Q
Is Freemasonry a religion? 
AThe answer to that question is simple. No.

We do use ritual in the meetings, and because there is always an altar or table with the Volume of the Sacred Law open if a lodge is meeting, some people have confused Freemasonry with a religion, but it is not. That does not mean that religion plays no part in Freemasonry — it plays a very important part. A person who wants to become a Freemason must have a belief in God. No atheist can ever become a Freemason. Meetings open with prayer, and a Freemason is taught, as one of the first lessons of Freemasonry, that one should pray for divine counsel and guidance before starting an important undertaking. But that does not make Freemasonry a “religion.”

Sometimes people confuse Freemasonry with a religion because we call some Masonic buildings “temples.” But we use the word in the same sense that Justice Oliver Wendell Holmes called the Supreme Court a “Temple of Justice” and because a Masonic lodge is a symbol of the Temple of Solomon. Neither Freemasonry nor the Supreme Court is a religion just because its members meet in a “temple.”

Q
What is a Masonic Bible? 
ABibles are popular gifts among Freemasons, frequently given to a man when he joins the lodge or at other special events. A Masonic Bible is the same book anyone thinks of as a Bible (it’s usually the King James translation) with a special page in the front on which to write the name of the person who is receiving it and the occasion on which it is given. Sometimes there is a special index or information section which shows the person where in the Bible to find the
passages which are quoted in the Masonic ritual.
Q
So, is Freemasonry education?  
AYes. In a very real sense, education is at the centre of Freemasonry. We have stressed its importance for a very long time. Back in the Middle Ages, schools were held in the lodges of stonemasons. You have to know a lot to build a cathedral — geometry, and structural engineering, and mathematics, just for a start. And that education was not very widely available. All the formal schools and colleges trained people for careers in the church, or in law or medicine. And you had to be a member of the social upper classes to go to those schools. Stonemasons did not come from the aristocracy. And so the lodges had to teach the necessary skills and information. Freemasonry’s dedication to education started there.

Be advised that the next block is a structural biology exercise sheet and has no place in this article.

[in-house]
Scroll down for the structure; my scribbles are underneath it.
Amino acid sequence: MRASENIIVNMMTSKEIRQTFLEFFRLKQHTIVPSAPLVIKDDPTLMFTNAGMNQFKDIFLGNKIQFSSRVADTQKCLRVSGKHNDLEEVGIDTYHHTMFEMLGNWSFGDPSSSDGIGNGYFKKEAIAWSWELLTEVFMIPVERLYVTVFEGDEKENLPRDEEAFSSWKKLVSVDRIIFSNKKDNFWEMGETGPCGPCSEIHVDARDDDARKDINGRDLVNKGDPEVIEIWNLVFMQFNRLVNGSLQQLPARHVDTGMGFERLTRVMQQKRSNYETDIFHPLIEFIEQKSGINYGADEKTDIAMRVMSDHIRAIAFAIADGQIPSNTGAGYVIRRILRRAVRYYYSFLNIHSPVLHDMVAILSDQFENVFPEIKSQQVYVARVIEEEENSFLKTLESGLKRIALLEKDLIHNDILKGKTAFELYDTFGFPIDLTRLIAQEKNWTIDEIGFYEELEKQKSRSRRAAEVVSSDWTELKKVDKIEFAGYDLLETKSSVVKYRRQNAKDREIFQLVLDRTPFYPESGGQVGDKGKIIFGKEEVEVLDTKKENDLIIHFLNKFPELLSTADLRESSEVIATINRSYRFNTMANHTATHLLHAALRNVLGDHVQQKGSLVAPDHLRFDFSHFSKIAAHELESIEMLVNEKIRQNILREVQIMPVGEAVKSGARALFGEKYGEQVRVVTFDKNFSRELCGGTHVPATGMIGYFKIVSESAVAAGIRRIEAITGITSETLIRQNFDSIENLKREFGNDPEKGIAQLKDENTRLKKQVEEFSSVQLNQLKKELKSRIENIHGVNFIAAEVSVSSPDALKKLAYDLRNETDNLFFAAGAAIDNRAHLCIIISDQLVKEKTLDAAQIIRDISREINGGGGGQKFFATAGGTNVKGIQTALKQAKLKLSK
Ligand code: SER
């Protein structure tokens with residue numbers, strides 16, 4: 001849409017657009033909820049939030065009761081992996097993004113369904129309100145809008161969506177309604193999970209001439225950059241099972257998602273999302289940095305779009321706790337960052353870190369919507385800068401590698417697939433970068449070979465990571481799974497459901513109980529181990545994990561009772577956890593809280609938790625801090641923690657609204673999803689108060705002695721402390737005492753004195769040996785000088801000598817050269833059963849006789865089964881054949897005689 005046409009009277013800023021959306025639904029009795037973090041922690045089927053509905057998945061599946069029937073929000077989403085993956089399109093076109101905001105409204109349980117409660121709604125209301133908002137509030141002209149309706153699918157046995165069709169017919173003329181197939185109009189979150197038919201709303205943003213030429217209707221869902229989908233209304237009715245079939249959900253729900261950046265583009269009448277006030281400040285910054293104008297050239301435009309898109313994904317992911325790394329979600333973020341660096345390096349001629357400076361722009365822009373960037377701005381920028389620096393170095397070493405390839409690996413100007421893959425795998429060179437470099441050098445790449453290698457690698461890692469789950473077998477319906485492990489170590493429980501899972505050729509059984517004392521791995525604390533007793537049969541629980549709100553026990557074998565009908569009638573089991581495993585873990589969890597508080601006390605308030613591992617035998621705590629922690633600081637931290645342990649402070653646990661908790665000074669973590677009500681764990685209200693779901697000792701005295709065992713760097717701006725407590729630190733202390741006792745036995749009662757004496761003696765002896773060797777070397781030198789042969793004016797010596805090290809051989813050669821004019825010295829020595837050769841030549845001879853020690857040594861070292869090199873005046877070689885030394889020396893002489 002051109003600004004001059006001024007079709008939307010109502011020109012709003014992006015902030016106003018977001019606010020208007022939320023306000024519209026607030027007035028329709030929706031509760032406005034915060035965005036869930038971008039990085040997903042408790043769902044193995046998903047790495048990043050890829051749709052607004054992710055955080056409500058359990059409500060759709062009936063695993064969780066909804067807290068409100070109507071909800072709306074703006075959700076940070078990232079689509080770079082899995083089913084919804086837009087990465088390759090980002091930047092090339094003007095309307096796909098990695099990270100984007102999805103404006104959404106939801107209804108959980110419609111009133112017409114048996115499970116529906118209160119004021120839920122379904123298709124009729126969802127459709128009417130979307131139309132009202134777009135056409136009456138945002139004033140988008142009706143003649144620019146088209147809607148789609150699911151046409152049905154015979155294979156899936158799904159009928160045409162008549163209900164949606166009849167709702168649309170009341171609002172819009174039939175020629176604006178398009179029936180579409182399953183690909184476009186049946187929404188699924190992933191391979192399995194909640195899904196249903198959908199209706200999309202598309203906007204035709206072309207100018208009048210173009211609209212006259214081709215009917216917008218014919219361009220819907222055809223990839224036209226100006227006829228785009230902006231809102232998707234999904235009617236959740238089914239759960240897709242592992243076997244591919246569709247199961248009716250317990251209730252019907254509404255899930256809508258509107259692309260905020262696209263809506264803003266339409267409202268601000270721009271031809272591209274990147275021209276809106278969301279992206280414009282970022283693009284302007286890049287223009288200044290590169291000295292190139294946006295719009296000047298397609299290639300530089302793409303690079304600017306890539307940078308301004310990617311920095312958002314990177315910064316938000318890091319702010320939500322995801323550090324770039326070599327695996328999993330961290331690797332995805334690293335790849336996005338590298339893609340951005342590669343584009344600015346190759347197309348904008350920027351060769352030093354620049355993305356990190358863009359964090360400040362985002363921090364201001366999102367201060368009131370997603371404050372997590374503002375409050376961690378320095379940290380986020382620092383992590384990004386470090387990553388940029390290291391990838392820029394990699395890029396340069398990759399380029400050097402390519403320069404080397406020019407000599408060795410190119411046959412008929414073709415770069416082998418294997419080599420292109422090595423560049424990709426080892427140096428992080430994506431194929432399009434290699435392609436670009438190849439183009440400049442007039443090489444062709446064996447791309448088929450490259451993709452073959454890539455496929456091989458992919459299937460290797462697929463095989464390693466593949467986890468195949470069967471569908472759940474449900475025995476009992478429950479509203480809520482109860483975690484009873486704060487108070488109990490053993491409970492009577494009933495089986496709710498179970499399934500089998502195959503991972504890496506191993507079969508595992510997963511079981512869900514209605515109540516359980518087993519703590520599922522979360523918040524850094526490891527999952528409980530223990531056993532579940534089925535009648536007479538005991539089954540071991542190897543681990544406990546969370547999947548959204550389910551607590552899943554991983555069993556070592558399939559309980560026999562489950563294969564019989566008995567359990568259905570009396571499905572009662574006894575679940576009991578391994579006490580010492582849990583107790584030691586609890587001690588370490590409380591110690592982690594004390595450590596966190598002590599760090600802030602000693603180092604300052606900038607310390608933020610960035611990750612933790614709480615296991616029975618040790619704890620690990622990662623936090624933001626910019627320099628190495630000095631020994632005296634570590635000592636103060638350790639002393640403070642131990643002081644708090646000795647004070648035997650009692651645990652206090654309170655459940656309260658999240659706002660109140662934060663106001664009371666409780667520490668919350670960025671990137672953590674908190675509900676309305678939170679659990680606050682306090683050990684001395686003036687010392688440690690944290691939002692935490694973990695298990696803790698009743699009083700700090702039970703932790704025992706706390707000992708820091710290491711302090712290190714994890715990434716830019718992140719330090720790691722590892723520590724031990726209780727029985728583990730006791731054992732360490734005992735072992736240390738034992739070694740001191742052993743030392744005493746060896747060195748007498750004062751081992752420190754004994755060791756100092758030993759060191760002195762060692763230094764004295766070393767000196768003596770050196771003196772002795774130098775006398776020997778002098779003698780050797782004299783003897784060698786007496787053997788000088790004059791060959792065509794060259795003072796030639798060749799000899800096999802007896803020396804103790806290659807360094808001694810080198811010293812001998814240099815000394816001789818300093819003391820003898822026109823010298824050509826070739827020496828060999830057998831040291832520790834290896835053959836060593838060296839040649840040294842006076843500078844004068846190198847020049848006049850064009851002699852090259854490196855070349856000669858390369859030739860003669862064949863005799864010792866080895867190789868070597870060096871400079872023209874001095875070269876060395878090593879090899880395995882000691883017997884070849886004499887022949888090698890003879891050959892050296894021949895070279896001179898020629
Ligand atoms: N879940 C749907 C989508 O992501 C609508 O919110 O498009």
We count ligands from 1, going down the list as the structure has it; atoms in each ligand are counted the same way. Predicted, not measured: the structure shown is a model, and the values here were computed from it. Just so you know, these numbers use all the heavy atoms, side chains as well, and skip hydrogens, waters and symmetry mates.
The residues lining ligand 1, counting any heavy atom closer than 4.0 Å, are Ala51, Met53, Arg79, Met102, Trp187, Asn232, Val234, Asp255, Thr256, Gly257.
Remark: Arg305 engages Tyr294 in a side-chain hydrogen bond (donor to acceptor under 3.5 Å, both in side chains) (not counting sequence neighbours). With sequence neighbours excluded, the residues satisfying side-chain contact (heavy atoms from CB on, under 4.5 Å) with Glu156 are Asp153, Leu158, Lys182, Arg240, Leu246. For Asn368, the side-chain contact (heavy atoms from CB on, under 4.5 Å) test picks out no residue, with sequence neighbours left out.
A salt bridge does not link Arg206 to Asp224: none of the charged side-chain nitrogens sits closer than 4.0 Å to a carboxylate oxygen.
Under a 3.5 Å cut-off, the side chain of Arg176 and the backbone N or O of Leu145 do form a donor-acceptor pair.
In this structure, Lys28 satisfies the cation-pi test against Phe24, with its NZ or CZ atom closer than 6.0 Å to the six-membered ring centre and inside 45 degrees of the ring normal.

And Masonry supports continuing education and intellectual growth for its members, insisting that learning more about many things is important for anyone who wants to keep mentally alert and young.

Q
Why does Freemasonry use symbols?  
AEveryone uses symbols every day, just as we do ritual. We use them because they communicate quickly. When you see a stop sign , you know what it means, even if you can’t read the word “stop.” The circle and line mean “don’t” or “not allowed.” In fact, using symbols is probably the oldest way of communication and the oldest way of teaching.

Freemasonry uses symbols for the same reason. Some form of the “Square and Compasses” is the most widely used and known symbol of Freemasonry. In one way, this symbol is a kind of trademark for the fraternity, as the “golden arches” are for McDonald’s. When you see the Square and Compasses on a building, you know that Freemasons meet there.

And like all symbols, they have a meaning.